As combines are rolling across the nation’s wheat fields, farmers have a lot to think about. In 2020, issues surrounding demand, export competition, stocks, yields and prices (to say nothing of the ongoing COVID-19 pandemic) are all top of mind.
While clarity around these questions is still months away, this article seeks to provide thought-provoking charts and insights related to these issues. We hope you get some downtime, unrelated to breakdowns, in the combine cab and enjoy scrolling through the charts and analysis.
Wheat consumption in the United States has been mostly flat for several years. The USDA’s June 11th update to the World Ag Supply and Demand Estimates (WASDE) estimated that domestic consumption of wheat in the marketing year 2020/21 would decline about 3 percent from the previous year. There is some debate that increased millings in March, due to high demand for flour products during the pandemic, will continue to carry over into the coming months.
Global demand for wheat continues to increase at a steady pace. The USDA estimates that consumption outside of the U.S. will increase about 1 percent over 2019 levels. This expected increase in global consumption could open additional opportunities for U.S. exports. Through April 2020, U.S. wheat exports are below 2019 but about 3.5 percent above the recent average.
Still, there are a couple of hurdles that U.S. producers must jump to increase their market share of global wheat exports. First, the U.S. dollar has strengthened relative to other currencies. Second, wheat production and stocks are expected to increase in major exporting regions.
Despite the increase in production from other major exporters, U.S. production is expected to decline about 2 percent from the previous year. The decline is a result of both slightly lower total acres planted as well as slightly lower yields.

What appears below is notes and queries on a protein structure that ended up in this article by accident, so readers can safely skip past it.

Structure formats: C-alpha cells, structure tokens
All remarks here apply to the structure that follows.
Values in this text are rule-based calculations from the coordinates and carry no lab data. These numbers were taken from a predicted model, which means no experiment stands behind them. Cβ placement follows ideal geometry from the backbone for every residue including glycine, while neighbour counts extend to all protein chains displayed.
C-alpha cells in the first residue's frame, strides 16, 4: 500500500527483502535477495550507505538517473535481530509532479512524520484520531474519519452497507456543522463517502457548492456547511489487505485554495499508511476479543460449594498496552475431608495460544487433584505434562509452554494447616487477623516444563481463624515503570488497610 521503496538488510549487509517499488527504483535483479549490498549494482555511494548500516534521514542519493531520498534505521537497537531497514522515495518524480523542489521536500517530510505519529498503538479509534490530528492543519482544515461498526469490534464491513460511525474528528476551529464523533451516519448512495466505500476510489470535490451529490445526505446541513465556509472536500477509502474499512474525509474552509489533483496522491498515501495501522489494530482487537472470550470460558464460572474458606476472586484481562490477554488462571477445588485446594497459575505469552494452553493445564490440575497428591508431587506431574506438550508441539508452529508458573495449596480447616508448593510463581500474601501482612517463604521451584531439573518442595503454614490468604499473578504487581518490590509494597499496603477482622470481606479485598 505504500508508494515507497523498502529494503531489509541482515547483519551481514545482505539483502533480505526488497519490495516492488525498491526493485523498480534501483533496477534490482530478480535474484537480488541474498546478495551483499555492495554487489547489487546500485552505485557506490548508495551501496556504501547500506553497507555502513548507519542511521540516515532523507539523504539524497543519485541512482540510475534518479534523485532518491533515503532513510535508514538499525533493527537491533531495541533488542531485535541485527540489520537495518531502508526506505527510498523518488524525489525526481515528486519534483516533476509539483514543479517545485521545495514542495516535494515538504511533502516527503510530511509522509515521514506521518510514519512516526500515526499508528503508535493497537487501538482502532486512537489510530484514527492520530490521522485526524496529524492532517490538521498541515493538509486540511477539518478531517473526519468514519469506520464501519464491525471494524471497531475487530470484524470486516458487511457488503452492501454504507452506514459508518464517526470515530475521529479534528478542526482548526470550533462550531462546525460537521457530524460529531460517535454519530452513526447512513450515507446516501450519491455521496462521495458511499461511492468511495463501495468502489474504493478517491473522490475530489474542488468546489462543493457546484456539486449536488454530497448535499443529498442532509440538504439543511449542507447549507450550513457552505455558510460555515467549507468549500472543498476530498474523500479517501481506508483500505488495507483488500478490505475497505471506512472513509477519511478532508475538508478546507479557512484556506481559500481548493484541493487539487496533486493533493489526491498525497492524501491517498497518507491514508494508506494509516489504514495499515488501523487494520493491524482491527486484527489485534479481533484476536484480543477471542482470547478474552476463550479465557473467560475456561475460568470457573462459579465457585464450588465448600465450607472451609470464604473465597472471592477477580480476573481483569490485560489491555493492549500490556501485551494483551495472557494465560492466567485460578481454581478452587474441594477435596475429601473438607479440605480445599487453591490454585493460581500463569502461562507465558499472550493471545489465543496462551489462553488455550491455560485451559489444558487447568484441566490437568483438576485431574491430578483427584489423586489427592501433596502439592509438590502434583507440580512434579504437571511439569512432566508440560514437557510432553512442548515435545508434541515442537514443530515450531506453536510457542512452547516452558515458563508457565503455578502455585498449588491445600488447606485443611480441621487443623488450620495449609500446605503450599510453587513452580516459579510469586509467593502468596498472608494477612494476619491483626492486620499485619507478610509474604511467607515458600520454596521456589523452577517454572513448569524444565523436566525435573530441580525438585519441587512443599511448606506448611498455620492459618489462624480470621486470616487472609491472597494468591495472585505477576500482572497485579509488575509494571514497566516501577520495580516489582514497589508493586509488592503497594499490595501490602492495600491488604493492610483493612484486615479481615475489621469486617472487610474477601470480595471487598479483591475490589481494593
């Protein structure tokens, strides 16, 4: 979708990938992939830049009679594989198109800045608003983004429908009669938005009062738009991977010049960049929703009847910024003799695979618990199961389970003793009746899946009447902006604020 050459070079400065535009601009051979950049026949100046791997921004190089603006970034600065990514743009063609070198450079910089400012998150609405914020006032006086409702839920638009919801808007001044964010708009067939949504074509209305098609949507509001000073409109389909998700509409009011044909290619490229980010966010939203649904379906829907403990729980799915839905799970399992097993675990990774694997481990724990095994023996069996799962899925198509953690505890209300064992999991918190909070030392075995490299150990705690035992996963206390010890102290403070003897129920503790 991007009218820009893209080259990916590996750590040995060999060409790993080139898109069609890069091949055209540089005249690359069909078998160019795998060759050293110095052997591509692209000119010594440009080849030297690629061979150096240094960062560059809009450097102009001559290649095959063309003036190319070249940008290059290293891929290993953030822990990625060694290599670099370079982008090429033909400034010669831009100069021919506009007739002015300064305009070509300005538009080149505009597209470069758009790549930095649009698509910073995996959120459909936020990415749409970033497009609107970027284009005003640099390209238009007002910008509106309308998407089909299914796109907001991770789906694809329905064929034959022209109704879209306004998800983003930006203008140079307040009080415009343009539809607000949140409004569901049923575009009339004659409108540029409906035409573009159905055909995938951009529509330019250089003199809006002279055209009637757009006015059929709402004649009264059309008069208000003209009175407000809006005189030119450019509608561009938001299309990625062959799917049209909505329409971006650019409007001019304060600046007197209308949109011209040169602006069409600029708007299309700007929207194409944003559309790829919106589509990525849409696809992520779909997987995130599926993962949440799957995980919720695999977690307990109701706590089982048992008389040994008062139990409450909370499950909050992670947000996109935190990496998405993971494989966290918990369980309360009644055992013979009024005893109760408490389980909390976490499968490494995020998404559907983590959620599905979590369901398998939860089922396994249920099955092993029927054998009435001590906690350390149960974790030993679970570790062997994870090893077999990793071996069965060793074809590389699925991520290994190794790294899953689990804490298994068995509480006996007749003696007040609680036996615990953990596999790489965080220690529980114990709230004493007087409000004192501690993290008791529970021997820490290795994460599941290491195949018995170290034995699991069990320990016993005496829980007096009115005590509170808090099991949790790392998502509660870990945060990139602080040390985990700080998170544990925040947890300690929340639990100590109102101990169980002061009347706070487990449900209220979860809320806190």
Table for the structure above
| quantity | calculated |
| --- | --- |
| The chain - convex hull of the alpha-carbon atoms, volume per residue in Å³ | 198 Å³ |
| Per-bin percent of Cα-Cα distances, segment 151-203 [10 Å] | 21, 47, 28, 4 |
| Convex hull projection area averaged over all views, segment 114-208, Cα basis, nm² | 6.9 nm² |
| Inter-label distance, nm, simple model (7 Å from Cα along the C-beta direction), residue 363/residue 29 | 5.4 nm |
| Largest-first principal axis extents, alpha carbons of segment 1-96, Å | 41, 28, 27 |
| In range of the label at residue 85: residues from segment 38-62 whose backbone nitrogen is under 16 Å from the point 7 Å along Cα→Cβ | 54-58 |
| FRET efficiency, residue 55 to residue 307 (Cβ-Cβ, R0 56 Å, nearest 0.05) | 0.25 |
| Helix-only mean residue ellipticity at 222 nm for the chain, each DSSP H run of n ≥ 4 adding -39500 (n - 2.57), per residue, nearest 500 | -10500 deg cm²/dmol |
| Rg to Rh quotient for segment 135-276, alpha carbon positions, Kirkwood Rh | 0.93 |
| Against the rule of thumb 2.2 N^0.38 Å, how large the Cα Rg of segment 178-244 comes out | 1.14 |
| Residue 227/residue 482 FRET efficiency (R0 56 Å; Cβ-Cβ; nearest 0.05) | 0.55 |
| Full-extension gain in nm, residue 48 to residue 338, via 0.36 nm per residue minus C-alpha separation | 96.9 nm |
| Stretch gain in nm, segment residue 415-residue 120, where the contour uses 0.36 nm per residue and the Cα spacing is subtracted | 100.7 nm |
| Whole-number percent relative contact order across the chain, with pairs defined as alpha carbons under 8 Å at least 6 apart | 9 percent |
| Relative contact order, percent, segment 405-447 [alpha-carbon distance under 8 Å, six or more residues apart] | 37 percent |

Yields are likely to vary across wheat production acres. Portions of Kansas, Colorado, Oklahoma and Texas have dealt with both frost damage and drought concerns. Final yield estimates for these areas will go a long way towards producer’s bottom line as well as local basis.
Pulling it Together
When pulling together and reviewing the data, a few trends begin to emerge. First, U.S. stocks-to-use ratio is slightly less than the last several years. This lower ratio should provide a modest price bump for most producers. Second, major exporters also have a large amount of wheat available for export, that is to say beginning stocks plus production and imports minus domestic consumption remain high.
Although there are certainly gloomy aspects to the data presented, USDA’s wheat commodity cost estimates, yields and current prices do leave some optimism for profitability in 2020.
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Disclaimer: This material is for informational purposes only and cannot be relied on to replace your own judgment or that of the professionals you work with in assessing the accuracy or relevance of the information to your own operations. Nothing in this material shall constitute a commitment by American AgCredit to lend money or extend credit. This information is provided independent of any lending, other financing or insurance transaction. This material is a compilation of outside sources and the various authors’ opinions. Assumptions have been made for modeling purposes. American AgCredit does not represent that any such assumptions will reflect future events.